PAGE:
While these risk factors were assessed using the POSSUM scoring system for the first time, some studies have shown a significant link between these factors and complications. For example, El Nakeeb et al. (11) analyzed 471 cases of pancreaticoduodenectomy and found that BMI >25 was a risk factor for postoperative pancreatic fistula (POPF). Gaujoux et al. (12) analyzed 100 successive cases of pancreaticoduodenectomy and similarly found that BMI >25 was a risk factor for pancreatic fistula after pancreaticoduodenectomy. And POPF is one of the most serious complications following PD. The higher incidence of post-PD complications in patients with increased BMI may be associated with the following factors: increased difficulty in exposing the pancreas during surgery cause by a higher volume of abdominal fat and peripancreatic fat, a higher risk of damage to the pancreatic capsule during separation attributed to a soft and brittle pancreas, and a higher risk of pancreatic leakage due to damage to the pancreatic tissue and fine pancreatic ducts cause by suturing and knotting during pancreaticojejunal anastomosis. With regard to alanine aminotransferase, the reasons why higher alanine aminotransferase accompanied by a lower OR in multivariate logistic regression, as inferable from our study, is that the patient has a higher transaminase on admission, which means poor liver function. For patients with poor liver function, in general, the doctor always gives patients positive liver protection treatment. Patients who have received active liver protection have recovered their liver function before surgery and can withstand the physical challenges of surgery (13,14). Jaundice has been previously reported to be patient-related risk factors, predisposing to pancreatic fistula after PD (15). The duration of jaundice is found to influence this poor outcome (16). Yeh et al. demonstrated that jaundiced patients with impaired creatinine clearance not only had a higher incidence of PJ leak, but were also more liable to experience sepsis and intraabdominal bleeding, which uniformly elicited a grave clinical course. Moreover, the cause of jaundice is the concentration of total bilirubin in the blood. With regard to the pre-existing comorbidity of respiratory diseases, it has already been widely accepted as a significant risk factor that predisposes patients to complications (17,18). In addition, the larger the diameter of the tumor, the greater the probability that the tumor will invade the surrounding blood vessels, and the higher the chance of the patient's combined vascular resection and the more intraoperative blood loss (8,19,20). Moreover, intraoperative blood loss and combined vascular resection had been proved to be risk factors for post-PD complications. In addition, the more the patient's nutritional status declines sharply; and the nutritional status of the patient directly affects the patient’s postoperative recovery. Furthermore, the smaller the inner diameter of the pancreatic duct, the more likely it is to cause pancreatic fistula, which has been confirmed by most scholars (19-22). Finally, an explanation for why we included INR-PT (international normalized ratio of prothrombin time) as a risk factor in our formula, although its P value (P=0.058) is greater than 0.05, is warranted.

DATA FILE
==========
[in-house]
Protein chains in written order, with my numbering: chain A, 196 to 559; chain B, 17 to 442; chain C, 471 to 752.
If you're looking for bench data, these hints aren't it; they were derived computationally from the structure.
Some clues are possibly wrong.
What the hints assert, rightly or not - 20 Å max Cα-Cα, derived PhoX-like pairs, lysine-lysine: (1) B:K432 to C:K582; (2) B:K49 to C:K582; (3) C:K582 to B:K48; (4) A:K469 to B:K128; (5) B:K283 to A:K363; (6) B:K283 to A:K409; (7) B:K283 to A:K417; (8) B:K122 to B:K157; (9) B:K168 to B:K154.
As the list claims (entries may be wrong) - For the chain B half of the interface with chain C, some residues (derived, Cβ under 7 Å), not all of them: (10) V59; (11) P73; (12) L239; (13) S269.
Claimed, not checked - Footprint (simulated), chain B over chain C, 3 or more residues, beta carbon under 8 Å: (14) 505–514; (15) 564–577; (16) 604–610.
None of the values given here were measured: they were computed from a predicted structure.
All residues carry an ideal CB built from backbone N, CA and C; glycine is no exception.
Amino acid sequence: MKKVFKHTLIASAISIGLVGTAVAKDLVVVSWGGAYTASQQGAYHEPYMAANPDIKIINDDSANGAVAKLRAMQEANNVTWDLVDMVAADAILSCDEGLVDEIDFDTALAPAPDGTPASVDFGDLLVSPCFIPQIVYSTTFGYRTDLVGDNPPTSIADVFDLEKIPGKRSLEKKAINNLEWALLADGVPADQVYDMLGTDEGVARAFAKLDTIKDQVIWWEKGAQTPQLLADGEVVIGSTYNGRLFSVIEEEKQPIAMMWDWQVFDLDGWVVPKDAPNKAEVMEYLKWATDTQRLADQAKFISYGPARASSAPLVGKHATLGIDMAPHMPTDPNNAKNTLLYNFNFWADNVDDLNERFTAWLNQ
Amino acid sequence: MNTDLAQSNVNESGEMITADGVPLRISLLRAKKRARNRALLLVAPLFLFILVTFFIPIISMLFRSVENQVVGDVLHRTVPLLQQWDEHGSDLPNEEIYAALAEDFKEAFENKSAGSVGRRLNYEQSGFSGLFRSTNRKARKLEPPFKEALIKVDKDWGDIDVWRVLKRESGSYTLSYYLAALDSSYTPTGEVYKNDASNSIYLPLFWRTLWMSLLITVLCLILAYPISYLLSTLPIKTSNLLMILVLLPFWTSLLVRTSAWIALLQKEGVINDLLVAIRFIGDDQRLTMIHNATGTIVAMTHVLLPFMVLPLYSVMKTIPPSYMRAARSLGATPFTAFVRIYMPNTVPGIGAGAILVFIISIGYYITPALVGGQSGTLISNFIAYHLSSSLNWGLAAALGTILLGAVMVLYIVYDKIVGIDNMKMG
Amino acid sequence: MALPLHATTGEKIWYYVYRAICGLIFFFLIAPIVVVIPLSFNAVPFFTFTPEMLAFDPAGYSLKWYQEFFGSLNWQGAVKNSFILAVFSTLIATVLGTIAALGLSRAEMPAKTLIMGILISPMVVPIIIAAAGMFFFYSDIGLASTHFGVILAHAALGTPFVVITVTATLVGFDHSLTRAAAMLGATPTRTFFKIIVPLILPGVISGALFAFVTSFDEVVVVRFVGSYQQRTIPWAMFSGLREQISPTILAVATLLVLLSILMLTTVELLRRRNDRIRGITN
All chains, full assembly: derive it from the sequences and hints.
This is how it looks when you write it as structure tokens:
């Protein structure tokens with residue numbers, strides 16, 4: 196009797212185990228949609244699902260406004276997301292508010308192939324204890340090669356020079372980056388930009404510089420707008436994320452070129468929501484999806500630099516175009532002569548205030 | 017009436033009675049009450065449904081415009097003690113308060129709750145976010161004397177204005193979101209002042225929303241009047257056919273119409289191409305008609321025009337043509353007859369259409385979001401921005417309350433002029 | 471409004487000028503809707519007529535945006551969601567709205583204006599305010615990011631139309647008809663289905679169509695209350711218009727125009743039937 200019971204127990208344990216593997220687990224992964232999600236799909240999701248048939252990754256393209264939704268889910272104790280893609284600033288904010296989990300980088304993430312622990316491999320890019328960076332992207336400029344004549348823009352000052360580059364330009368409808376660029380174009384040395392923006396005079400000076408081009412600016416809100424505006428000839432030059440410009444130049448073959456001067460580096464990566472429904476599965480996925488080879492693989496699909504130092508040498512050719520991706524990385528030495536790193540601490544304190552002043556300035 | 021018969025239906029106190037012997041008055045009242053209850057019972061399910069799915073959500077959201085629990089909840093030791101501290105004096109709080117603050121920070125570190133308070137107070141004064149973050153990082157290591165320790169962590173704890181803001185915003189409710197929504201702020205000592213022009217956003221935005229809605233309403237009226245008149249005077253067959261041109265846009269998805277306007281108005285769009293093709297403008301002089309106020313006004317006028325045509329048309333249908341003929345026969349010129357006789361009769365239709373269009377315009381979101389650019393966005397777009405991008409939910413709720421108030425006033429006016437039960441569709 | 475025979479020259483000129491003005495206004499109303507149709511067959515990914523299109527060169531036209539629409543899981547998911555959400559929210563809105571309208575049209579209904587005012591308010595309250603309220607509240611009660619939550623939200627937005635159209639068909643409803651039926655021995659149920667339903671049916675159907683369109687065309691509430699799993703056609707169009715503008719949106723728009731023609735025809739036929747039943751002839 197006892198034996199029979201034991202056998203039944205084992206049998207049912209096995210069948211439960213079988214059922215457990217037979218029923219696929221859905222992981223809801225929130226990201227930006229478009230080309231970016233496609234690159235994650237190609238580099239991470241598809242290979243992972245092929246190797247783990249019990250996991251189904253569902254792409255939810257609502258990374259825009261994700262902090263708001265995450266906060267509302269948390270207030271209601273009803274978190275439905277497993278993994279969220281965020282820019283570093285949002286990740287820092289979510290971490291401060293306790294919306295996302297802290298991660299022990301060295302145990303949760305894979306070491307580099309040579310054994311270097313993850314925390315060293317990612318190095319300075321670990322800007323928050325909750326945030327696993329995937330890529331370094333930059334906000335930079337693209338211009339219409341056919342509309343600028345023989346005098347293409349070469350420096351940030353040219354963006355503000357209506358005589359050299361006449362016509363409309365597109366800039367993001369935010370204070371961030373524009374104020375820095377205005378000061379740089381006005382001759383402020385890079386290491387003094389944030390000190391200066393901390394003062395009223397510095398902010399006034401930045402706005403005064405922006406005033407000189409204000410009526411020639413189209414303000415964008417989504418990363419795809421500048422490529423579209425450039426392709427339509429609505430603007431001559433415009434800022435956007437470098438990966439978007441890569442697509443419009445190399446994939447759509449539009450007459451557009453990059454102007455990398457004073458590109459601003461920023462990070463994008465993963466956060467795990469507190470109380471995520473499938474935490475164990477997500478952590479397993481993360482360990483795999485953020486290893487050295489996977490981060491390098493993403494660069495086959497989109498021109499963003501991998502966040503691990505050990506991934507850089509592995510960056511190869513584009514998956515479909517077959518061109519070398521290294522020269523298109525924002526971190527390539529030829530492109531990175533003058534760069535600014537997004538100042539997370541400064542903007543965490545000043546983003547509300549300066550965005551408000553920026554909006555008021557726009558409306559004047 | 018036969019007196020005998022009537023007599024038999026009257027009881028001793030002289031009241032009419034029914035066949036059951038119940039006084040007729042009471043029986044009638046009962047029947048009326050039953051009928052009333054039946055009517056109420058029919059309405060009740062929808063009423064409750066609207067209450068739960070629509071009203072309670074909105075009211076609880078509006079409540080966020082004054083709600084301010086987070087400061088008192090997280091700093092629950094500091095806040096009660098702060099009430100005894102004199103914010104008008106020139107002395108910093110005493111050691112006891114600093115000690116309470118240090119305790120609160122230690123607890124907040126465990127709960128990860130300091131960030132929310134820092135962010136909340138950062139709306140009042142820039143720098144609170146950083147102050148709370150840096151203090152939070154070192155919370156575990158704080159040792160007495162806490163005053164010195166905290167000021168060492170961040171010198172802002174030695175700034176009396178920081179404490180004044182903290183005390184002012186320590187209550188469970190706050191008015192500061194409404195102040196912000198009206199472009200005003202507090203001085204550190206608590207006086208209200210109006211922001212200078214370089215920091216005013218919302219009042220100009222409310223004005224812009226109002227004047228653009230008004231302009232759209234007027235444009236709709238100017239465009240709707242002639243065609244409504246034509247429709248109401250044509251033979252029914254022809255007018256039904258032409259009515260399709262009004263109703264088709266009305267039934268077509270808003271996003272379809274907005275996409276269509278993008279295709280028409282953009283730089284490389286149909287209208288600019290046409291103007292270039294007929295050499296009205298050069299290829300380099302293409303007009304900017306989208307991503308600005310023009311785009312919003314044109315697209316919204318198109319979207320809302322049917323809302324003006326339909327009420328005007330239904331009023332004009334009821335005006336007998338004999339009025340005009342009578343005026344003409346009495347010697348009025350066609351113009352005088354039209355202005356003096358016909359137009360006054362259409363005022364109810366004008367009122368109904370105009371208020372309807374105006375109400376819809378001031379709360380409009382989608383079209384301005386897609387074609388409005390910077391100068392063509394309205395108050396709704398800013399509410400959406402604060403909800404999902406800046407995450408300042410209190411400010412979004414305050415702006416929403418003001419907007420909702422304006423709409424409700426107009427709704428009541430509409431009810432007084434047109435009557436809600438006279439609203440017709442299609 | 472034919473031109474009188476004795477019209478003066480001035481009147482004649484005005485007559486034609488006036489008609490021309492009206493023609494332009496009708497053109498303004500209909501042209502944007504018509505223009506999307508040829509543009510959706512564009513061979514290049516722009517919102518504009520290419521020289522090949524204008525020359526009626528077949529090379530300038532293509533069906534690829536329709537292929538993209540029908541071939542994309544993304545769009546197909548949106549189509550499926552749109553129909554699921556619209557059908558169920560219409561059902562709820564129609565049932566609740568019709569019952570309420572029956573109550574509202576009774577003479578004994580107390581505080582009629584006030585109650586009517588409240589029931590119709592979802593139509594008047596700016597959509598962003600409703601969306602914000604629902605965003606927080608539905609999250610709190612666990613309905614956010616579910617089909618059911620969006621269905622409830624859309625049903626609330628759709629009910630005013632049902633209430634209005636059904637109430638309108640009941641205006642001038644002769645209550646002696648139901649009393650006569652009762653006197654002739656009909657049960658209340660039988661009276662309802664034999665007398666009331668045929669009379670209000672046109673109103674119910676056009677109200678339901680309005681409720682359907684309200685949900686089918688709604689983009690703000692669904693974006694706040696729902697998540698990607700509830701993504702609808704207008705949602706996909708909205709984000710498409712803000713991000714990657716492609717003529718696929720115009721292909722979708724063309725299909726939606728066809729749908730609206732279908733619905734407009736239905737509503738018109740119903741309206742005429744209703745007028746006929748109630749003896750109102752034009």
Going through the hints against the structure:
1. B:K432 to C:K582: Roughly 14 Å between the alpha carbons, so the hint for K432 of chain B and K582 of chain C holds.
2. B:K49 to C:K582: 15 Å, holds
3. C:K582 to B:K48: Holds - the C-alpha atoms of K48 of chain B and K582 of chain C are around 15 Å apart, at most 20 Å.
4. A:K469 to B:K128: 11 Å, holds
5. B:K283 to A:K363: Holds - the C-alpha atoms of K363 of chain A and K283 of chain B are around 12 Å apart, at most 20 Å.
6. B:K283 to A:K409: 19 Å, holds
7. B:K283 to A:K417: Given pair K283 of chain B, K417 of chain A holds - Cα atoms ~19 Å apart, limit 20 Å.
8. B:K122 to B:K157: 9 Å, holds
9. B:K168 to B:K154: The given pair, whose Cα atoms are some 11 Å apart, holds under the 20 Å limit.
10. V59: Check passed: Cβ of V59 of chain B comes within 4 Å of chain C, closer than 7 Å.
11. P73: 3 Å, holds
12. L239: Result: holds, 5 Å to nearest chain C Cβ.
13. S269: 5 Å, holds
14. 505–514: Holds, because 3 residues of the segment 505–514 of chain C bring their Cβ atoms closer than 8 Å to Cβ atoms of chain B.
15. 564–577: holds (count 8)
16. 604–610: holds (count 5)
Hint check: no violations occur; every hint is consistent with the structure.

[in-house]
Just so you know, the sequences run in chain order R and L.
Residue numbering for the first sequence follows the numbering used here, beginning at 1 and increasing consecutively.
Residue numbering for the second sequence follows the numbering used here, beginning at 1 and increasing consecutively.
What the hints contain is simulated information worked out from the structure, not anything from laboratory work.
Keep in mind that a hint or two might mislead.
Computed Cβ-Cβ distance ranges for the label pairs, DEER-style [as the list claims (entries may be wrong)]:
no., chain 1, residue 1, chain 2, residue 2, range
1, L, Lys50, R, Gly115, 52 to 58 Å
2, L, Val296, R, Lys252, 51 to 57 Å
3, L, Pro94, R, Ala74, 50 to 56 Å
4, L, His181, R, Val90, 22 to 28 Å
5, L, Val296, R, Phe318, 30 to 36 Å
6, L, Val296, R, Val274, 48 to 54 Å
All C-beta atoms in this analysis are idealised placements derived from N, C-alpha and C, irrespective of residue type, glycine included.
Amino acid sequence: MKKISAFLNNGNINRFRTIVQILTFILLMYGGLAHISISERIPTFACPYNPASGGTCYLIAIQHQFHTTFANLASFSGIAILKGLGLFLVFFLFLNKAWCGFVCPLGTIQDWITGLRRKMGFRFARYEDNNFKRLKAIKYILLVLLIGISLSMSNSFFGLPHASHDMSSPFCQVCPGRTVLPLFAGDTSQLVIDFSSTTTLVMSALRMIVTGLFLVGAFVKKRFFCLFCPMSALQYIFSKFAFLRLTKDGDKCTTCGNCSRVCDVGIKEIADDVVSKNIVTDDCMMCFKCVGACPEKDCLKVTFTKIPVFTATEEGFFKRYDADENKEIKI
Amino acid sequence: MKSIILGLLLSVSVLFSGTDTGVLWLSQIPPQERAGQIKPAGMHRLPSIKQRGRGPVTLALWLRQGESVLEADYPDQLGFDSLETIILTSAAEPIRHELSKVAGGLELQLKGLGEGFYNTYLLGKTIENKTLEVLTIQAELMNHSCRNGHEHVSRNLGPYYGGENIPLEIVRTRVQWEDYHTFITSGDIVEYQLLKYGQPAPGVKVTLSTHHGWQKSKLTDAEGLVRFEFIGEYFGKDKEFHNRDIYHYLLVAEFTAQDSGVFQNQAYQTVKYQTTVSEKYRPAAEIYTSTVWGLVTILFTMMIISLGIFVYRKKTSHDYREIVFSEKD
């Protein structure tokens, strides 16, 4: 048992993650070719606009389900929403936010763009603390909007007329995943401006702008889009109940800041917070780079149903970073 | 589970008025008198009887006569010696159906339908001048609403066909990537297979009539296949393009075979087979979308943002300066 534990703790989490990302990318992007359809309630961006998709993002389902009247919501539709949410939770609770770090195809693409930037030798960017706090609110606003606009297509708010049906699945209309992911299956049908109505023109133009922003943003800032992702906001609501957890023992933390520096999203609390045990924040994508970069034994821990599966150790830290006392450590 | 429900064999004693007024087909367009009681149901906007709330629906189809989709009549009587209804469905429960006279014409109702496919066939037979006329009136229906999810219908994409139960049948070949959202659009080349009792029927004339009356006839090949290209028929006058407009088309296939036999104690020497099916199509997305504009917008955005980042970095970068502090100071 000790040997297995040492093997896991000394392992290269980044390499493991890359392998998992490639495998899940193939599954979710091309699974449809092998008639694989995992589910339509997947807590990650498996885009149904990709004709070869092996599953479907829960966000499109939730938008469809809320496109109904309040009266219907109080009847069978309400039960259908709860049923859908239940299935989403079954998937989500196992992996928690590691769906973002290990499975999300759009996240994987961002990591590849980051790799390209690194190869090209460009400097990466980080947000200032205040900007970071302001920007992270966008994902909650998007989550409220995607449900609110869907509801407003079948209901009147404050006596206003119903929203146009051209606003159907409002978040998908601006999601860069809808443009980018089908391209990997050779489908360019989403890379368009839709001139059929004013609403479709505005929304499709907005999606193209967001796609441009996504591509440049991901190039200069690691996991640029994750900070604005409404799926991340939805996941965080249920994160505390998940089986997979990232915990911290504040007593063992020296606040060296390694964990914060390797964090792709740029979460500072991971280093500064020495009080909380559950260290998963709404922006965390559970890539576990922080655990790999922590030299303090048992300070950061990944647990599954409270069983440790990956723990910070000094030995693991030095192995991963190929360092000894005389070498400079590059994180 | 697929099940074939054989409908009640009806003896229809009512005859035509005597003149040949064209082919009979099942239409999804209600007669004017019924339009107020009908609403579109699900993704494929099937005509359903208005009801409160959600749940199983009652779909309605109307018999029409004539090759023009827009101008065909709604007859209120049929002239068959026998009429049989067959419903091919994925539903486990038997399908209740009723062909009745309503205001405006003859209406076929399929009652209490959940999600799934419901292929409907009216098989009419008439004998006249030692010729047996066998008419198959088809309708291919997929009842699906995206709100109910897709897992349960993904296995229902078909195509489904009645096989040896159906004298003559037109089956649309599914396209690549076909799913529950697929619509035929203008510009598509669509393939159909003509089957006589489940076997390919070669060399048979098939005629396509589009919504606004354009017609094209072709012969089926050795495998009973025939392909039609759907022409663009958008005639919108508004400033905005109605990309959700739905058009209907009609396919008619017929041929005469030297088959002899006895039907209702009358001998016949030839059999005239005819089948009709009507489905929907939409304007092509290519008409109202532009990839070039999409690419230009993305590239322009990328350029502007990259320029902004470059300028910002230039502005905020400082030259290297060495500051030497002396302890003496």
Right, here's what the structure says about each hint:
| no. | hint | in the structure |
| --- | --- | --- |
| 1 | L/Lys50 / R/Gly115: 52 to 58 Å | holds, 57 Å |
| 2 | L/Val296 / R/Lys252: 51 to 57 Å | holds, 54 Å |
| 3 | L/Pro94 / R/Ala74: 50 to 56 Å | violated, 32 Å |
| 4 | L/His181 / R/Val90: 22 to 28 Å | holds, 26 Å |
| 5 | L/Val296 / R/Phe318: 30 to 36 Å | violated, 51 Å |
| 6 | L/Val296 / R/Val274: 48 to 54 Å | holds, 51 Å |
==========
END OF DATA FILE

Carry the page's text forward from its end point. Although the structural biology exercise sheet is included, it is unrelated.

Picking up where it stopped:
Firstly, in the process of logistic regression and linear regression, the program automatically retains the INR-PT, which means that the program understands INR-PT as one of the risk factors for postoperative complications. Secondly, although its P value is greater than 0.05 yet still close to 0.05, there is still a strong correlation between INR and postoperative complications; many clinical studies have proved that coagulation function will also affect postoperative complications. P value greater than 0.05 maybe caused by insufficient sample size. On the other hand, the reasons why higher INR accompanied by a lower OR in multivariate logistic regression is that, as our study finds, patients with poor preoperative coagulation function will undergo a period of improved coagulation therapy before surgery. The worse the coagulation function patients were, the greater the intensity of the treatment they accepted, which reduces the occurrence of postoperative gastrointestinal and intraabdominal bleeding.